Folkestone Quakers Part 1: 1655 – 1967
from Karl Showler’s “Review of the History of the Society of Friends in Kent”
The Quaker sect was founded in the middle of the 17th century, while England was ruled by the parliamentary victors of the Civil War. In that generation of religious experimentation the Society of Friends was established.
The First Quaker Missionaries came to Kent in 1655 from the North of England, their base being the rapidly expanding Quaker group in London. In the early summer of 1655, two men, William Caton and John Stubbs, arrived in Folkestone from Dover on a preaching tour around the Kent coast. They were received in Folkestone by Thomas Nichols and his wife, the town’s first Quakers.
The anti-Quaker preaching of the local clergy seems to have led to interest in the new sect and several townsfolk took sides with the missionaries. A small group gathered regularly for the religious Quaker practice to meet in silence awaiting one or more of the congregation to be moved to address the gathering. On some days several Friends would feel led to speak, on others no one would interrupt the silence.
The nearby port of Hythe has never supported a Quaker meeting house, the port’s men preferring to come to Folkestone. At Hythe the two original missionaries were received by the local Baptist congregation and allowed to preach. Subsequently the Baptists divided into two factions, half supporting Friends Caton and Stubbs, the other half seeking to prevent their work.
The ringleader of the anti-Quaker group suffered an accident, which was rather naively regarded as a divine judgement by the pro-Quakers.
It is important to follow the adventures of the two missionaries on to Lydd, for there they contacted a remarkable ex-priest Samuel Fisher, one of the leading figures in the National Quaker dispute with the other theologians of that generation. His book, “Rusticus ad Academicos”, is one of the few theological works written by a Quaker still quoted today. Samuel Fisher had given up a Church of England living to become the Lydd Baptist’s pastor. Before becoming a Quaker, indeed before Quakers existed, he and a number of other men in East Kent has arrived at a religious view very near that of the Quakers. Samuel Fisher with the support of the local magistrates encouraged the Quakers and so gave the Society of Friends a firm root in the district about Folkestone.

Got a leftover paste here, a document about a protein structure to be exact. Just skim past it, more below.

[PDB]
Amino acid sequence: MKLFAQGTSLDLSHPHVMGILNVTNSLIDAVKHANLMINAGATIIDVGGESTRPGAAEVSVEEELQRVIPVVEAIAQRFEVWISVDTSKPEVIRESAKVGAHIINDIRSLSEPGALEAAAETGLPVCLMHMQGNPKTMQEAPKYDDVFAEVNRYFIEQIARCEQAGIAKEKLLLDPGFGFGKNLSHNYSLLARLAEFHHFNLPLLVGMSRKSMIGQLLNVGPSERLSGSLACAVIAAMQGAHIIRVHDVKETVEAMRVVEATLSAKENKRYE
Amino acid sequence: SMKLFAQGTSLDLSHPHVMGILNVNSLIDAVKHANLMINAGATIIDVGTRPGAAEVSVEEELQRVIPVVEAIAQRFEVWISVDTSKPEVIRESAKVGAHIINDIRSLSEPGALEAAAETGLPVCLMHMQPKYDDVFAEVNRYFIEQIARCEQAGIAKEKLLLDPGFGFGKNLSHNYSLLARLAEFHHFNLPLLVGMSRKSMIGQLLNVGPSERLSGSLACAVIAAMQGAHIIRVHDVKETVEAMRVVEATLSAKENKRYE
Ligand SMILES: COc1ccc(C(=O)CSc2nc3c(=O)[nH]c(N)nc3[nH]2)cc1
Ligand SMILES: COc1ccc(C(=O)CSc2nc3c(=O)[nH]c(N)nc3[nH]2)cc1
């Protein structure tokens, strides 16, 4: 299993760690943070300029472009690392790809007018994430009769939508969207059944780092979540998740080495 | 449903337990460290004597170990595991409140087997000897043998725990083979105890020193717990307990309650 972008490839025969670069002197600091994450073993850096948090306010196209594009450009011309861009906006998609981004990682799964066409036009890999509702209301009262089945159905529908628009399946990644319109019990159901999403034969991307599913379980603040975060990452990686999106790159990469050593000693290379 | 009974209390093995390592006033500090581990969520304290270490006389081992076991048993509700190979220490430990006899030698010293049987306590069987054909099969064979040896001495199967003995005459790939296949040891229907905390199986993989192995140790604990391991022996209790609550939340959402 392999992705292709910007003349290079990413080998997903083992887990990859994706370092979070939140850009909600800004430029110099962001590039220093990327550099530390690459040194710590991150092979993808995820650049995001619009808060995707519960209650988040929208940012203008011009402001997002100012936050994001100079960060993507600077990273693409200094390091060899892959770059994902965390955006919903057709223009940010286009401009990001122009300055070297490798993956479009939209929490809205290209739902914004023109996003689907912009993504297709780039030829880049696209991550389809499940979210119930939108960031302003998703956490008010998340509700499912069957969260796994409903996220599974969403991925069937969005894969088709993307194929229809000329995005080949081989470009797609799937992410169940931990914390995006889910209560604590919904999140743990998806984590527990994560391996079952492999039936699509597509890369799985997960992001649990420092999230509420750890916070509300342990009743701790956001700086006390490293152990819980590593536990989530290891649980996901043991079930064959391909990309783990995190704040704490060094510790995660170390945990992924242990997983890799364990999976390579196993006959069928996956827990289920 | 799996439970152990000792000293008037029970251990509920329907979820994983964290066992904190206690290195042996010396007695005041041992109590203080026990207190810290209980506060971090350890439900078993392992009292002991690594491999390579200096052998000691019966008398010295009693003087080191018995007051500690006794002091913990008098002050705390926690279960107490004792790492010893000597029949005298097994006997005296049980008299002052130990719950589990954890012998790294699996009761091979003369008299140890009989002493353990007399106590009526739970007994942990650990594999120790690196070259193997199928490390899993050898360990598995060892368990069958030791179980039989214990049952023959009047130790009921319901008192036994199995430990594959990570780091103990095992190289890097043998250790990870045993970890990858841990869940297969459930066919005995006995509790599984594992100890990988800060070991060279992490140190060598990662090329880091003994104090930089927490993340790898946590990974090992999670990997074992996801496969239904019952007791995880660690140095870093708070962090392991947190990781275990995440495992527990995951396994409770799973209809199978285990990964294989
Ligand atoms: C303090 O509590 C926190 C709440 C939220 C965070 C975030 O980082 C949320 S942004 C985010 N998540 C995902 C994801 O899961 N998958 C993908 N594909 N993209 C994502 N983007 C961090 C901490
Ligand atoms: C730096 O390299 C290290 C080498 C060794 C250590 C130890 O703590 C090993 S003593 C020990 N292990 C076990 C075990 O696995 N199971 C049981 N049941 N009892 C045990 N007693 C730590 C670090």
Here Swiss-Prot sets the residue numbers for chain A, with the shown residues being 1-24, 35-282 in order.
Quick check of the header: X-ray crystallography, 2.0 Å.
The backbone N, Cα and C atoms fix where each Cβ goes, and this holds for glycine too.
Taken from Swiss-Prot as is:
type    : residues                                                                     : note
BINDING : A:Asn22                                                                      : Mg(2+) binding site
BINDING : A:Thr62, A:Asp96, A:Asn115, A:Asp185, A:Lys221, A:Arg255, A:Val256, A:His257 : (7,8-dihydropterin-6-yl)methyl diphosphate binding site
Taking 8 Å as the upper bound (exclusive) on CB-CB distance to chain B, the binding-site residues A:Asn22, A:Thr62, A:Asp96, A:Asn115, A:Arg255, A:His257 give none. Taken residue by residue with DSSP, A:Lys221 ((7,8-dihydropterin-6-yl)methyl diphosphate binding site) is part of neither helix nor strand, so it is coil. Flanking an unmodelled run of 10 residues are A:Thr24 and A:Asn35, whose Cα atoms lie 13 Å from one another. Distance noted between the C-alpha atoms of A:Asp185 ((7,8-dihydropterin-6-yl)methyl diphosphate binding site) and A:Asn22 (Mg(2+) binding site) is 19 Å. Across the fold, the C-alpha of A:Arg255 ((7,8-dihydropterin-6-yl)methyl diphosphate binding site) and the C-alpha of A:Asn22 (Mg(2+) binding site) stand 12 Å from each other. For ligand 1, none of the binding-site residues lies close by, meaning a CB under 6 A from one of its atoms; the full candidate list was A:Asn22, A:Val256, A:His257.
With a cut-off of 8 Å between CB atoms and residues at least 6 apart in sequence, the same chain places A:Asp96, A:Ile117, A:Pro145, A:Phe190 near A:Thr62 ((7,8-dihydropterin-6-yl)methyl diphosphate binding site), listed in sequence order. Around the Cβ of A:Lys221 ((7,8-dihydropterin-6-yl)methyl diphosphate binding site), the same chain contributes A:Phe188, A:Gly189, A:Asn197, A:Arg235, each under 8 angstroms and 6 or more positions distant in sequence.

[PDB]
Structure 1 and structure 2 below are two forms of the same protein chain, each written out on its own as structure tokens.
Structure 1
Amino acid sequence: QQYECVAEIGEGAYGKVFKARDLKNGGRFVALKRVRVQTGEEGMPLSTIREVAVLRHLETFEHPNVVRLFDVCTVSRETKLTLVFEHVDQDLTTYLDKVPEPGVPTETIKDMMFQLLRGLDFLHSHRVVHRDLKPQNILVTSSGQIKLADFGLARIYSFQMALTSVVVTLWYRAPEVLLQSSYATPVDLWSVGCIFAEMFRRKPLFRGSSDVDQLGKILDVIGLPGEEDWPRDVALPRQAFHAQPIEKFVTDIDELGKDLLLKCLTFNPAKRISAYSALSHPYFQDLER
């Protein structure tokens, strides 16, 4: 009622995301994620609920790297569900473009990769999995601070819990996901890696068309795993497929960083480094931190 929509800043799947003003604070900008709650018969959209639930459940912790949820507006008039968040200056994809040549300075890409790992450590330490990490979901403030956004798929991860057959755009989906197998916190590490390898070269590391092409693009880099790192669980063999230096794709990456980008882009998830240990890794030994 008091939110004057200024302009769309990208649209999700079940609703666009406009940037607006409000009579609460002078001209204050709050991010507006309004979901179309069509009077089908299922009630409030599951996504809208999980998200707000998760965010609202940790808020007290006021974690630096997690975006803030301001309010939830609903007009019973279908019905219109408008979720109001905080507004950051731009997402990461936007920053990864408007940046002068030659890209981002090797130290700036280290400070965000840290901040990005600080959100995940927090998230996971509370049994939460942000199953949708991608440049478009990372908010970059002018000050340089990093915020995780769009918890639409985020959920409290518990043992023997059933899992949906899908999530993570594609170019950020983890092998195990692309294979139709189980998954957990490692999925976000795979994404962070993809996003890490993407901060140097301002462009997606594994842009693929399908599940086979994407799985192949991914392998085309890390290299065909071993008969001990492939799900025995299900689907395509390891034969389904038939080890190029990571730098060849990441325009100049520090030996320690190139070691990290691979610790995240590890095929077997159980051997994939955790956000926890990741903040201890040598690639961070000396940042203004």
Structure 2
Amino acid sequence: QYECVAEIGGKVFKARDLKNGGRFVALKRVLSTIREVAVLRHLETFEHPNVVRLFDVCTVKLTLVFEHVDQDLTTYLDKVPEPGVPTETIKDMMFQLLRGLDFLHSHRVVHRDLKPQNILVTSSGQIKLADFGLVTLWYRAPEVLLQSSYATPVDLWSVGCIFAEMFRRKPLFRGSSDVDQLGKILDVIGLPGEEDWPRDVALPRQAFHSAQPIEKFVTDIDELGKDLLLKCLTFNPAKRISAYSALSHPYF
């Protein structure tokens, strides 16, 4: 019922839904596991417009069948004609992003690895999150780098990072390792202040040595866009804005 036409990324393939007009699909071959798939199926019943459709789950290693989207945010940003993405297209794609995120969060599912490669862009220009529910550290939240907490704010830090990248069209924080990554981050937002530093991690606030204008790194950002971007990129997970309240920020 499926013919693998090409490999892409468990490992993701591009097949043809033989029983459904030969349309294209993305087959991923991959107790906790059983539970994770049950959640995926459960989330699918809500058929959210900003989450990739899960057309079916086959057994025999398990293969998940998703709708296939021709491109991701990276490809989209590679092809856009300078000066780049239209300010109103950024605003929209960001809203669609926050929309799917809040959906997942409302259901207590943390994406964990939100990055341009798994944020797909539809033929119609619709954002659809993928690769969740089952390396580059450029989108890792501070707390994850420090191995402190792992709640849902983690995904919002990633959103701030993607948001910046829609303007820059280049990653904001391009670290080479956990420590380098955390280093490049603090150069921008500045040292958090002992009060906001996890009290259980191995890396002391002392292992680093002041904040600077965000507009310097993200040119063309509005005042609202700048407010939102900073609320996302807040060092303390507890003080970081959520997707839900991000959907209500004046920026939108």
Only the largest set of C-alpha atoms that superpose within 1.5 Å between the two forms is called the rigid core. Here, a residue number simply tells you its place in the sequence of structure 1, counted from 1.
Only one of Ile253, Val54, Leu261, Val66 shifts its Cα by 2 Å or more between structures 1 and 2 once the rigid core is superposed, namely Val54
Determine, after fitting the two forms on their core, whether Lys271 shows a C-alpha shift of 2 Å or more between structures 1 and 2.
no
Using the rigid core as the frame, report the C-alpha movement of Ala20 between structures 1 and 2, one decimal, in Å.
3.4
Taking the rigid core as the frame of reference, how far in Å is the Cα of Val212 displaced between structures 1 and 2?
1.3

George Fox who did so much in the foundation of the Society of Friends, came to Kent in 1655, and it is reasonable to assume he passed through the town when travelling from Romney to Dover. There is circumstantial evidence that the beating up of George Rofe in the presence of the mayor Hythe may have occurred as a result of Fox’s visit. A petition for the redress of George Rofe is to be found in the Kent County Archive, Maidstone, signed by many persons who played a part in early Kent Quakerism. Although a number of imprisonments and beatings up are recorded in different parts of Kent between 1655 and 1660, Folkestone Friends were not involved. However, in the latter year Thomas Nichols, Mark Teddiman, William Hunt, Thomas Hedgecock, Lawrence Squire and Stephen Goden were taken out of a peaceable meting: and when tendered the Oath by the Mayor, refused to swear, it being against their principles. They therefore suffered twelve weeks in prison.
When the Church of England returned to power with the restoration of King Charles II, the dissenting sects were all bitterly persecuted, Friends at Folkestone and Hythe suffering with the rest. Robert Latch of Cheriton had his corn taken from off his cart and his wife, who was pregnant, thrown into a ditch.
It would seem some old scores were being paid off against those who had supported the Parliamentary Party.
In the Autumn of 1670 the Mayor of Folkestone had the majority of the Folkestone Meeting arrested. Thomas Tunbridge, who was preaching, was taken with Nicholas Lad, Nicholas Homewood, Samuel Hambrook, Henry Smith and Thomas Nichols, in whose house the meeting was held. All went to prison rather than take the Oath. The mayor sent again to the meeting place and took the names of those who remained in the building. Several visitors from other parts of the county had their horses impounded in lieu of fines.
By 1683 Dover is recorded as having a Meeting House, the first in Kent, and in the following year Folkestone’s is recorded as being locked up on the Mayor’s order.